So, are we supposed to use the Spanish pronunciation, so-toe-my-OR, or theHe goes on to write about how "putting the emphasis on the final syllable is unnatural in English", and expecting Americans to adapt to that is just multiculturalism gone too far. Once past my initial puzzlement at how Niedermeyer was more English than Sotomayor, what stuck in my craw was the claim about emphasis on the final syllable being unnatural in English. That would certainly be news to people in VerMONT, TenneSEE, or IlliNOIS, in DeTROIT, Des MOINES, or San JoSE. (Or perhaps Krikorian thinks San Jose in "natural English" rhymes with banjoes.) It's true that the preponderance of Anglo-Saxon surnames are "trochees", the technical term in prosody for two-syllable words whose cadence is STRONG-weak. JACKson, LINcoln, WILson, REAgan, CARter, CLINton. But it doesn't mean that "iambs" (weak-STRONG) are unheard of. MonROE, for instance. Those iambs, because they change it up, can give a cadence that's distinctive but hardly unnatural to English. Just ask Shakespeare, who wrote most of his work in iambs. They're hardly exotic. Without iambs, Krikorian wouldn't be able to proPOSE or deBATE, atTACK or deFEND, reFUSE or aMAZE. Let aLONE deNOUNCE a SuPREME court nomiNEE. You get the idea. Now he might protest that iambs are fine, but a four syllable word with final stress is just a phoneme too far. But it turns out that a four syllable pattern with the cadence STRONG-weak-weak-STRONG has a name, a "choriamb", because it carries a distinctive punch. That's why "hip hip hooRAY" sounds right, and that's why "seventy-six" sounds more catchy that "sixty-seven". A choriamb is quite natural in English, and as American as "blueberry pie" or "four on the floor". SotomayOR is a perfectly good choriamb, no more of a tongue-twister than "American flag" or "not anymore". So I say: Open the DOOR for SotomayOR.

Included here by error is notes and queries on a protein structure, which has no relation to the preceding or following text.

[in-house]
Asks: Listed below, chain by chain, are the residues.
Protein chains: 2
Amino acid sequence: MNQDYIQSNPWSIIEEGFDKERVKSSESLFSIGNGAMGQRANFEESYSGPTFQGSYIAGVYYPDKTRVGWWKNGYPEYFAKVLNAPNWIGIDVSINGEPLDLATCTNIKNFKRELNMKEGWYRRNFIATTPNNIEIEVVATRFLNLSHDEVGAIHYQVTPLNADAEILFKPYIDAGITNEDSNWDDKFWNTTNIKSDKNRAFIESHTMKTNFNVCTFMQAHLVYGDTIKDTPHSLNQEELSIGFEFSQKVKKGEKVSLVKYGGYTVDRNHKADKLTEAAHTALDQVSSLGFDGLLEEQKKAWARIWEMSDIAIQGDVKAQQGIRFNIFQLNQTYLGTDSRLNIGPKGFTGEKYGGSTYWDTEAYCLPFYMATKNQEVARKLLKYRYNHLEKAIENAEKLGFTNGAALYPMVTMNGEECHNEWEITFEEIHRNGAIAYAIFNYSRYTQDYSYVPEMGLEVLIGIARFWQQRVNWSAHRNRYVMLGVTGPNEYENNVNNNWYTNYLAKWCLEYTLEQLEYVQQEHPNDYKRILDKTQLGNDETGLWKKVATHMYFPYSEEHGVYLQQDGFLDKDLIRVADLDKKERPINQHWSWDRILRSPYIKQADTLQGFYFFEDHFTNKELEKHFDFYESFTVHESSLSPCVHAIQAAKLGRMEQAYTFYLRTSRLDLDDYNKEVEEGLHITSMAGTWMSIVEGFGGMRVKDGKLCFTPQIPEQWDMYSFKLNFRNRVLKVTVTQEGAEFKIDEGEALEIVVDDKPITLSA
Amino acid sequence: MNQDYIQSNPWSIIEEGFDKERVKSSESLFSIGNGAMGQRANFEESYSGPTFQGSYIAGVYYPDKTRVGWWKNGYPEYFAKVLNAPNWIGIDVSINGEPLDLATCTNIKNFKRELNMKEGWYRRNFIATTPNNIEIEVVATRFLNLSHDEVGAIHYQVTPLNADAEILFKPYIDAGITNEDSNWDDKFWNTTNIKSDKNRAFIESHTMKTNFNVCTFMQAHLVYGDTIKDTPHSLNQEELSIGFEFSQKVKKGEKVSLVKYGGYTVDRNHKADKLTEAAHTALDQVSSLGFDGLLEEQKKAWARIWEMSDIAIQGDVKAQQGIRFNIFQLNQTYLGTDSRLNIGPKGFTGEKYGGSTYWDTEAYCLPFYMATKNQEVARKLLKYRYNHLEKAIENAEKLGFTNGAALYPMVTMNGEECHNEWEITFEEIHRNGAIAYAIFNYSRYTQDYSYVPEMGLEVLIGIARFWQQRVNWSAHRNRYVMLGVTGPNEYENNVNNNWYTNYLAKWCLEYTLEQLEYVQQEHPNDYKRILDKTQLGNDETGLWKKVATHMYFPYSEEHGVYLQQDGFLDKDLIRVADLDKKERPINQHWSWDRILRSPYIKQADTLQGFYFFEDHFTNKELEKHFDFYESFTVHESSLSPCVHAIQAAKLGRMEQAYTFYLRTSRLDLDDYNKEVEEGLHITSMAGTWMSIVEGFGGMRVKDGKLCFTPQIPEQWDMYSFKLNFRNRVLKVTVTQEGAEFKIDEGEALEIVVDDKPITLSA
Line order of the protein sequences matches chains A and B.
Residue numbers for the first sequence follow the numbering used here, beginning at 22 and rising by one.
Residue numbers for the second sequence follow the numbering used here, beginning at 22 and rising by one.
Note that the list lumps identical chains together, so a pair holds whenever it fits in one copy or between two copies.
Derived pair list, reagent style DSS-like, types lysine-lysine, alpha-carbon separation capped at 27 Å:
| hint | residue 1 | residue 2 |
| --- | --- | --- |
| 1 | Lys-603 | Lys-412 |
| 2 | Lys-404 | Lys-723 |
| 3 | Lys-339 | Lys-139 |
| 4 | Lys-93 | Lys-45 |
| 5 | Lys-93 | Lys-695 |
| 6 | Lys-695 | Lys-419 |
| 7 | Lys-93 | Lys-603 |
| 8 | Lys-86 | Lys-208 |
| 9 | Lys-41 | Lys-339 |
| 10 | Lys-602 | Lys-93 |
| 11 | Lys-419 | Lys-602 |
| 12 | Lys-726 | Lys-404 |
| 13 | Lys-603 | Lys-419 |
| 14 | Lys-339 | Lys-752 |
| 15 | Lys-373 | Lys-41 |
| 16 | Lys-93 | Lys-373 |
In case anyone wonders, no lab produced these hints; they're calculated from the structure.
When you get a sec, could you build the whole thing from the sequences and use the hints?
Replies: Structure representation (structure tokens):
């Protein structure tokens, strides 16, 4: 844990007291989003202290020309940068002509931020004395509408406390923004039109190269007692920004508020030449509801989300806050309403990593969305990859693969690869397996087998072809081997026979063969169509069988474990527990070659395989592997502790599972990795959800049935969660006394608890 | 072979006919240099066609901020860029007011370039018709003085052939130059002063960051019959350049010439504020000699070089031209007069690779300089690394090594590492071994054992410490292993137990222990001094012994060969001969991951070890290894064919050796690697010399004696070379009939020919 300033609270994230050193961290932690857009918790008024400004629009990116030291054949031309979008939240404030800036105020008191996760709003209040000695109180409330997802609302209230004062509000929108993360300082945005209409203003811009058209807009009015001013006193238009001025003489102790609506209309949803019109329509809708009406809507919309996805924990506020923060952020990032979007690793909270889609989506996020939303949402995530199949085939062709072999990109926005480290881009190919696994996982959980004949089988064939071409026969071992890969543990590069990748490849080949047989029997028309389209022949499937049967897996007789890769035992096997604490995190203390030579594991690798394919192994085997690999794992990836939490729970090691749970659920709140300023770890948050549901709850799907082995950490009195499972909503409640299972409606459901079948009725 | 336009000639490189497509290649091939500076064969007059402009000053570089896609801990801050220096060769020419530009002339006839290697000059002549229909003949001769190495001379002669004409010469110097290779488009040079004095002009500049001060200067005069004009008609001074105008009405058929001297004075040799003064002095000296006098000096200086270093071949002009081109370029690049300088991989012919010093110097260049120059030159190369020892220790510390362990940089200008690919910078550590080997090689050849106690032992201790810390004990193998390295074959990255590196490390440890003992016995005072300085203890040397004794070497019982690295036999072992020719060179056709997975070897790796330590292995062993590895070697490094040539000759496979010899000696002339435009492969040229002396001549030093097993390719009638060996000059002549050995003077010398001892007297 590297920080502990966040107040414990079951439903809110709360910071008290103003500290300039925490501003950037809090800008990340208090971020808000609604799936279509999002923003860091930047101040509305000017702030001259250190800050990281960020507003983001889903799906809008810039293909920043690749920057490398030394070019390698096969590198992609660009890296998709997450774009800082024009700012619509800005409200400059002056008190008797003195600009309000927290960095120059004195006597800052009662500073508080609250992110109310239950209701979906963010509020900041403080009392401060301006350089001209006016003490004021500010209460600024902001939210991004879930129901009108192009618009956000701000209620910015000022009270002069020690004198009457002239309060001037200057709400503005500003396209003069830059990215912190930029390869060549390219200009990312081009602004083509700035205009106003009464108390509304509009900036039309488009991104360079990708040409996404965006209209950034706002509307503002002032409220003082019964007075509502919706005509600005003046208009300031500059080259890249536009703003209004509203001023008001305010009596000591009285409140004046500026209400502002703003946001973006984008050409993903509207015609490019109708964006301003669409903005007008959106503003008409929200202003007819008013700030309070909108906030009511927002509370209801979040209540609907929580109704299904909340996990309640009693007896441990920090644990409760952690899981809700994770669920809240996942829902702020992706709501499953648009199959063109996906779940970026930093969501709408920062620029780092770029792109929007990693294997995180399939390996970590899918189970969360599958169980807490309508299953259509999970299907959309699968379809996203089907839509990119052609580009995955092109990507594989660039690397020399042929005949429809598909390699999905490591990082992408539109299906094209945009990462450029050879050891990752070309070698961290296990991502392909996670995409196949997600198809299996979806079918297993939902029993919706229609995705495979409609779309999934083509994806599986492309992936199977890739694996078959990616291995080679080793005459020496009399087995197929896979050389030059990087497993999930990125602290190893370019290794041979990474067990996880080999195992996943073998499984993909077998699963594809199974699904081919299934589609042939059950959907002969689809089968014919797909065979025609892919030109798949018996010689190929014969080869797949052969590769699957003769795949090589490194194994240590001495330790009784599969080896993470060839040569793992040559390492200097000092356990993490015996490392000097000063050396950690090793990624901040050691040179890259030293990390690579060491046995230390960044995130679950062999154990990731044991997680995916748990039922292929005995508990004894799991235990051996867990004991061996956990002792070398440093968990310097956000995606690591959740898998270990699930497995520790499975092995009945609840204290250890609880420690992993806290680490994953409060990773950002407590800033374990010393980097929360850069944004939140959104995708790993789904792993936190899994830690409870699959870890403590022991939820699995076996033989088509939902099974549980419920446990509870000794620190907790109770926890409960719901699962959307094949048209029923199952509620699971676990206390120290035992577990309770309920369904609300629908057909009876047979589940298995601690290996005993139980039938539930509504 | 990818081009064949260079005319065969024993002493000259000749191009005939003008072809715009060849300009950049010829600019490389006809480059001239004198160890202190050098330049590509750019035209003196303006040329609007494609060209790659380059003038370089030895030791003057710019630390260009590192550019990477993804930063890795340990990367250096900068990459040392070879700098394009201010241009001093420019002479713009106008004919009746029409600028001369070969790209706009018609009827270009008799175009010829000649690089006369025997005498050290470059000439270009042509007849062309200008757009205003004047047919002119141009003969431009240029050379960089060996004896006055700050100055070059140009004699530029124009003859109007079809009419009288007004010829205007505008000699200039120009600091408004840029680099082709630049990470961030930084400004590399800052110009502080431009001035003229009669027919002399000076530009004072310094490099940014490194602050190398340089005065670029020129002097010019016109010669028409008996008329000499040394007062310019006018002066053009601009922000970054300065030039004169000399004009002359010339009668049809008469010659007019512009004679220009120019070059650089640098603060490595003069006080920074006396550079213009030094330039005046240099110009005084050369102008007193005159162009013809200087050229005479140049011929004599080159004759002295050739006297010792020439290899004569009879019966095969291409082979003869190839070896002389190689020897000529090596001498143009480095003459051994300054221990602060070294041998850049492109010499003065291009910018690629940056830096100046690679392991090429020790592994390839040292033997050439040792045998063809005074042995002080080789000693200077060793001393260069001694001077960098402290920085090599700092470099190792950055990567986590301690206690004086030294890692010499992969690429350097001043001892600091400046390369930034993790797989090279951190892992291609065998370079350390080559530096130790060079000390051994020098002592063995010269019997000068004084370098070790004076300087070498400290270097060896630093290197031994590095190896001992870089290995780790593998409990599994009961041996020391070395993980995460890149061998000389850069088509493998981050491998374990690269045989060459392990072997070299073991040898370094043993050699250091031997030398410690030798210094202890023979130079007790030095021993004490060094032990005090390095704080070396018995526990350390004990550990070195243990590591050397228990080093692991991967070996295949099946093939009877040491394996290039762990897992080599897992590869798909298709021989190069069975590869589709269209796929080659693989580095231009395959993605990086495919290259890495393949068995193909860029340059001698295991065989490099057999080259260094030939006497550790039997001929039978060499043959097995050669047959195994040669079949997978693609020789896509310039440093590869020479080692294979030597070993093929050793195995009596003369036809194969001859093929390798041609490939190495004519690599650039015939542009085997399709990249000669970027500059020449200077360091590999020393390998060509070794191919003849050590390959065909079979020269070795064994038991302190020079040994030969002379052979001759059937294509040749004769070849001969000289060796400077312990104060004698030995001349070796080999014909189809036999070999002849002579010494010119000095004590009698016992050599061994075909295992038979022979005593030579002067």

natural English pronunciation, SO-tuh-my-er, like Niedermeyer?
Friday, May 29, 2009
Over at the National Review, Mark Krikorian stirs up a minor tempest over the most pressing issue surrounding the Supreme Court nominee: